Ranald Watson, Springbank’s sales & marketing director, is convinced the Mitchell family felt the same way about Springbank. And it probably played a part in Highland Distillers’ decision to carry on with Highland Park’s floor maltings, being the owners at the time. There may have also been a touch of old whisky industry conservatism. “After 220 years of making whisky on the site you would have to be very brave, or very stupid, to make a fundamental change,” says the current Highland Park brand director, Jason Craig.
As a paid-up believer in Orkney peat he says: “It burns longer and throws off more aromatics from the heather to give a softer smoke.” Some 80 per cent of Highland Park’s malt is supplied unpeated from Simpsons in the Borders, which means the smoky element all comes from the local Hobbister Moor peat used to dry what is malted at the distillery.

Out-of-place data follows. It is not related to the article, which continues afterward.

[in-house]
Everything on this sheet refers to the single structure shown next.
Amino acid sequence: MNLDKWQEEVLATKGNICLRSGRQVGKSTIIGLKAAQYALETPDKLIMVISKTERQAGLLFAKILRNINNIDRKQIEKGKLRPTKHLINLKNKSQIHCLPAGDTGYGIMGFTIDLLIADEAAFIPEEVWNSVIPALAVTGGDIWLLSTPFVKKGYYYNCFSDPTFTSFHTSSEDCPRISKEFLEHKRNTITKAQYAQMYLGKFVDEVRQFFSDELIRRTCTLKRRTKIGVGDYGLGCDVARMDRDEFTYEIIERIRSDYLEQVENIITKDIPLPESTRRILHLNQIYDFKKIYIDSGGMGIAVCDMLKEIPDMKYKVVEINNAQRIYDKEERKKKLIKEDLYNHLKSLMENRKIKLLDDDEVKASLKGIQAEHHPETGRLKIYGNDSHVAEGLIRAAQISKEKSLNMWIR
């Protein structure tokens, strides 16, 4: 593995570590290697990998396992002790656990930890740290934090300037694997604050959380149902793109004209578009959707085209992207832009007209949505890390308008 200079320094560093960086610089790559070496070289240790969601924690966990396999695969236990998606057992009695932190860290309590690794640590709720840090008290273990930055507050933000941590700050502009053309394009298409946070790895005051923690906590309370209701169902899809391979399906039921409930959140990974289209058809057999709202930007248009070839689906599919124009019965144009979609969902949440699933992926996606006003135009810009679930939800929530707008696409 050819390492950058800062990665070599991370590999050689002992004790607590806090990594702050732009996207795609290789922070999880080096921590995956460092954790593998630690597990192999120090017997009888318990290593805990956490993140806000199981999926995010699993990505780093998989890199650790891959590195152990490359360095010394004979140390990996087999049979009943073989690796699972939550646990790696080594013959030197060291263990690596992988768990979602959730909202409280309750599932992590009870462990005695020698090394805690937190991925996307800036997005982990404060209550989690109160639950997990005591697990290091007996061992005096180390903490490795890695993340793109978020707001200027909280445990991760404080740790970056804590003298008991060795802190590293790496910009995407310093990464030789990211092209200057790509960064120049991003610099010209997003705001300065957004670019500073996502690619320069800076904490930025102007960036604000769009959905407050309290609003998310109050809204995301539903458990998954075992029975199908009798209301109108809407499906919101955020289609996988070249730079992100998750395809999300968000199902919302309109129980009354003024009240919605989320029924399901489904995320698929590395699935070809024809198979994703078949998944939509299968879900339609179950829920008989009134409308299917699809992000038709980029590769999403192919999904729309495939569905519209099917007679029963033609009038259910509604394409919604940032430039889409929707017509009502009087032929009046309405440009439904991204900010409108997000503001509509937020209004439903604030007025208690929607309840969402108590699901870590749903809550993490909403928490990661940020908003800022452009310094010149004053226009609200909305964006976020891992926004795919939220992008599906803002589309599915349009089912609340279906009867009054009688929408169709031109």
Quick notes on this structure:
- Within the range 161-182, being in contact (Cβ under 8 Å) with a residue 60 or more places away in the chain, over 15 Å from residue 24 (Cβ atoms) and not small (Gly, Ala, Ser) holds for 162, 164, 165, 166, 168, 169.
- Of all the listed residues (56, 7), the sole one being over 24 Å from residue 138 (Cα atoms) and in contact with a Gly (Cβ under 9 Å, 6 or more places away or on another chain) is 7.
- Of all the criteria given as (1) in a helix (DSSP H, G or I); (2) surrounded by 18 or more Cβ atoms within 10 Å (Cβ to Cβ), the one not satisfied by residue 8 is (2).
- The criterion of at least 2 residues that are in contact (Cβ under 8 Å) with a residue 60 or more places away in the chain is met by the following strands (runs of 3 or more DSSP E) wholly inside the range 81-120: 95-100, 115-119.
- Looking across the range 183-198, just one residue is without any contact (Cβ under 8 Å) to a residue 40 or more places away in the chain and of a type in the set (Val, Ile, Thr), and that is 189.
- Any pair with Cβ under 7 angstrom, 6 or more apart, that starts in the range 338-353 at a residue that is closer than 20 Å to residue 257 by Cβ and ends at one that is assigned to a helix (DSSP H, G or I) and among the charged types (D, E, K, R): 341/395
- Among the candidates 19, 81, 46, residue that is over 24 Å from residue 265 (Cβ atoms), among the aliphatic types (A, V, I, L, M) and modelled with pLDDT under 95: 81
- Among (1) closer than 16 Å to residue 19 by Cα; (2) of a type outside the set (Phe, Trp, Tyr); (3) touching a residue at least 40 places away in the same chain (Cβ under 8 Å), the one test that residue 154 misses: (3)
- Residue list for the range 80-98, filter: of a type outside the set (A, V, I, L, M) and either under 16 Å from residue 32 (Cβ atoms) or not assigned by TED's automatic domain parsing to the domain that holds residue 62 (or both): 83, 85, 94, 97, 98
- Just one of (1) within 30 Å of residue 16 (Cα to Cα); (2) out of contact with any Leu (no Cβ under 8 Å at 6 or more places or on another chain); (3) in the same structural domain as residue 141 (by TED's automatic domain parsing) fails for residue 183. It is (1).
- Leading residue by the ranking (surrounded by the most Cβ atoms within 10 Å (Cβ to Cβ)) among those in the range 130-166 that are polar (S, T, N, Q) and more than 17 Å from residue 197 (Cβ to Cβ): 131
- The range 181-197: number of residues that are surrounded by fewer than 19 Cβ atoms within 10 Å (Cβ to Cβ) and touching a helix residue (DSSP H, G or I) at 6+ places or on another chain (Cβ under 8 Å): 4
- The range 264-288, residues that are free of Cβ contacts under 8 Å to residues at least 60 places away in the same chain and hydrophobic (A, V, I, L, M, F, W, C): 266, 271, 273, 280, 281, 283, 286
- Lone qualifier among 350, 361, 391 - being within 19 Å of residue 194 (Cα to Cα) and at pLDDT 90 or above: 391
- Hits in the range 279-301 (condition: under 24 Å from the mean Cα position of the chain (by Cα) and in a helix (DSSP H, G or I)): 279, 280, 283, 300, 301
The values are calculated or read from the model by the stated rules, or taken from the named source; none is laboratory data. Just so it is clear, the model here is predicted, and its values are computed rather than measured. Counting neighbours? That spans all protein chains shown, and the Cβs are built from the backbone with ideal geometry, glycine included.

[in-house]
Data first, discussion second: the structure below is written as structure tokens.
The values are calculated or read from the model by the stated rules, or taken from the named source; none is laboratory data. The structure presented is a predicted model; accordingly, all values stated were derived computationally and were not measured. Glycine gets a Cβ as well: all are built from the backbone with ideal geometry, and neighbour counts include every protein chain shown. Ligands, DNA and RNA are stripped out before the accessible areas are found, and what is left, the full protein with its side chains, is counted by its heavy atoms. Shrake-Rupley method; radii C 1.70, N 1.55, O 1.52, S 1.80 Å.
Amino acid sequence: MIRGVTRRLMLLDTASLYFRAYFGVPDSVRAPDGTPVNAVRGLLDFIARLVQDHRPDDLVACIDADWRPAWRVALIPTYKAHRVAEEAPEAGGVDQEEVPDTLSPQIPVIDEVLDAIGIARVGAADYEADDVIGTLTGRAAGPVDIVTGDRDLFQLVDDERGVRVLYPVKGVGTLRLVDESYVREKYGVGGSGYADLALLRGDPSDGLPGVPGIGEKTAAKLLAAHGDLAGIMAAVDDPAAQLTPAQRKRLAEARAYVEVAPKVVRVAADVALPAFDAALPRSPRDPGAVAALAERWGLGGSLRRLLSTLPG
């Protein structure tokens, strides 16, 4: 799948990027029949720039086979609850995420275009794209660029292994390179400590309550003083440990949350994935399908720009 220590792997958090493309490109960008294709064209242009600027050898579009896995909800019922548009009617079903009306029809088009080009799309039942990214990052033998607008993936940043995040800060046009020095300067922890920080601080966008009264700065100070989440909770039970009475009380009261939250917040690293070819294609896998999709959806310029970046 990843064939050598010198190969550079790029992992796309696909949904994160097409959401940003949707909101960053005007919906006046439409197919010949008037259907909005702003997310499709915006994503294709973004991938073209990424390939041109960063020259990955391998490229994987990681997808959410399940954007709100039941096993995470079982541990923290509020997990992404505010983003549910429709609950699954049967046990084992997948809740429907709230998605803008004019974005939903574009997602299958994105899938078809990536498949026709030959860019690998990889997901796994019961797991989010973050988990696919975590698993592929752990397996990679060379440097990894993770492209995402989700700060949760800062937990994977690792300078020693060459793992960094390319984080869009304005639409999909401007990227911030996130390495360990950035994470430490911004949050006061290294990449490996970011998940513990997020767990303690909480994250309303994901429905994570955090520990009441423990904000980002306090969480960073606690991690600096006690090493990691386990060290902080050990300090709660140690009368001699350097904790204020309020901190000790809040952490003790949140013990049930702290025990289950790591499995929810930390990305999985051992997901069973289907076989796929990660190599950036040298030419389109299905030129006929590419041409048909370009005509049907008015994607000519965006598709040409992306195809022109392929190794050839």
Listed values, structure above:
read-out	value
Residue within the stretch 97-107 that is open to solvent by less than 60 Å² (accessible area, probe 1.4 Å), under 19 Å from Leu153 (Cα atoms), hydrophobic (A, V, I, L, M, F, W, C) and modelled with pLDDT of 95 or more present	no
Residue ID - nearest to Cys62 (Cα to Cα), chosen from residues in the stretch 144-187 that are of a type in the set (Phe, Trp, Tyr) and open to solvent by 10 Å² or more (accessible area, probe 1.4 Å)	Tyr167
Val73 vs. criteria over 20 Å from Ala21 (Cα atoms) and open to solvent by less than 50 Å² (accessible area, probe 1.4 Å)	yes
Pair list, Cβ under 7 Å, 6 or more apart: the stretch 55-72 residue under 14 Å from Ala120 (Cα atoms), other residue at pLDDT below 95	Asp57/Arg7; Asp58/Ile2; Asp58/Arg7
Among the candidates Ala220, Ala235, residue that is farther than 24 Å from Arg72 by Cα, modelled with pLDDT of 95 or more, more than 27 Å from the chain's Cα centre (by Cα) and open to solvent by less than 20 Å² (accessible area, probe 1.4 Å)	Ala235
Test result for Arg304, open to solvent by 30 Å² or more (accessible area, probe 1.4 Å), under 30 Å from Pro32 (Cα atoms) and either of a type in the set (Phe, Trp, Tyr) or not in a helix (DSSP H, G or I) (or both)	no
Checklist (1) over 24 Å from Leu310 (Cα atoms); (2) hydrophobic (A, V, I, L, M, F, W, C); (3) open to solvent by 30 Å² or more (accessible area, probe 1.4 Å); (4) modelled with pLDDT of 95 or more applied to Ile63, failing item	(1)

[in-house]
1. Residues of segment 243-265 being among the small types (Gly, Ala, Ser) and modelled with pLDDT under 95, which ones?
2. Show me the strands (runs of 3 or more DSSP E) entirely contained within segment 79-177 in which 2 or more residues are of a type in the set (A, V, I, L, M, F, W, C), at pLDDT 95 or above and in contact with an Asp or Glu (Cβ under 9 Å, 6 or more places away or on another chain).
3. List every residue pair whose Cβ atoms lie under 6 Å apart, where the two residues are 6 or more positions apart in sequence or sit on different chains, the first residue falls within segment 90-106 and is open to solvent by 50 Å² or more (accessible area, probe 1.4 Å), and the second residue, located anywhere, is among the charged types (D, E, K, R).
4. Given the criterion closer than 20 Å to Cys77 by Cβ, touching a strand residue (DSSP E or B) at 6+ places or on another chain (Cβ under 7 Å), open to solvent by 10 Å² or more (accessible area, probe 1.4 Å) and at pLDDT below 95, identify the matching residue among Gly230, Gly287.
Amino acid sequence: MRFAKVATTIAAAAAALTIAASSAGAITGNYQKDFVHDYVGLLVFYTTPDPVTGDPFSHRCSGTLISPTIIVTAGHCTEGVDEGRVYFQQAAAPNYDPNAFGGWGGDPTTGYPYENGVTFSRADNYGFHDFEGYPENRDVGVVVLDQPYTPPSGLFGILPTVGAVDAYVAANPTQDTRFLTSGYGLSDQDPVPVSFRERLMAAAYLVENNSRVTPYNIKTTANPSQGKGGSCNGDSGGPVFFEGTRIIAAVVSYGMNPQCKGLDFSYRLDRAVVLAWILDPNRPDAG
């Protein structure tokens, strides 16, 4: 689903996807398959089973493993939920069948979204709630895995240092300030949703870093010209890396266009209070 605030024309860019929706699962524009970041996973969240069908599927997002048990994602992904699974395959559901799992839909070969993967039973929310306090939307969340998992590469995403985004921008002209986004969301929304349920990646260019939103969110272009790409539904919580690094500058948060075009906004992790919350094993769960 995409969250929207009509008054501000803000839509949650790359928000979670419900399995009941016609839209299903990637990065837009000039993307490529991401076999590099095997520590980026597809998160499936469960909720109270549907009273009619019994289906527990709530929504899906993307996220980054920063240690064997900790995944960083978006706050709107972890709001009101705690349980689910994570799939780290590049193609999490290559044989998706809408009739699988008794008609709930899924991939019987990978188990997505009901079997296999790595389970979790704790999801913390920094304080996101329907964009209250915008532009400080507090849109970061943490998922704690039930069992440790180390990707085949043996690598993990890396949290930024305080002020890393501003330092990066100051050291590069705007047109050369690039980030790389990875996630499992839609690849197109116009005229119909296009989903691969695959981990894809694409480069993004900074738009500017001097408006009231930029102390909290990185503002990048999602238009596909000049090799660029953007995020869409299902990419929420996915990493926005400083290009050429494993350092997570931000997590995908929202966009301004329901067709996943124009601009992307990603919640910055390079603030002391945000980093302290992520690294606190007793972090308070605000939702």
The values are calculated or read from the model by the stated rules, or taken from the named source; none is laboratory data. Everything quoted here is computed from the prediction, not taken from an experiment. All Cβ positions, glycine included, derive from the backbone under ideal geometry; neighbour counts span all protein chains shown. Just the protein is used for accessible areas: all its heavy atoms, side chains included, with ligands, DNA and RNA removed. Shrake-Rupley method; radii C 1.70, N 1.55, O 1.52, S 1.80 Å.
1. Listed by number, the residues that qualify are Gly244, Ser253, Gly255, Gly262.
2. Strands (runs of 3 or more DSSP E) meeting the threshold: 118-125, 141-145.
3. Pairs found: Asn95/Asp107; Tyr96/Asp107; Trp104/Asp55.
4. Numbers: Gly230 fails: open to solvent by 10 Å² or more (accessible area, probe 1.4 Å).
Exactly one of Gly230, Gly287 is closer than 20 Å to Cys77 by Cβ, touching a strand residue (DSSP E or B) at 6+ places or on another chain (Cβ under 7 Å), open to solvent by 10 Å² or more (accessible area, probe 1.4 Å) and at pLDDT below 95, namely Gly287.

Over the years there have been trials of bringing in peated malt from the mainland, but in the end it was decided it wasn’t a risk worth talking. “Before the science, we knew we were different, but we probably didn’t know why,” says Jason. “We were aware the topography and lack of trees makes Orkney peat unique. It’s different from Caithness peat which is only 20 to 30 miles away.”
The debate whether to close Highland Park’s floor maltings and save money rumbled on for years, but as the brand has grown he reckons it is now finally “off the table”.
But why stop there? Why not go the whole hog and become fully self-sufficient and malt all your barley on site like Springbank or Kilchoman? Jason pauses to consider the implications, before replying: “Yes. The romantic side of my nature and the marketing side would say yes, wholeheartedly, but the harsh reality is it would be a hell of an expensive way to proceed. You would need more kilns and a couple more pagoda roofs.”
Ask the same question to David Turner and he doesn’t hesitate for a second: “Yes, absolutely. If we could do 100 per cent floor maltings that would be us living in an ideal world.” As things stand, some 70 per cent of Bowmore’s malt is shipped over from the mainland.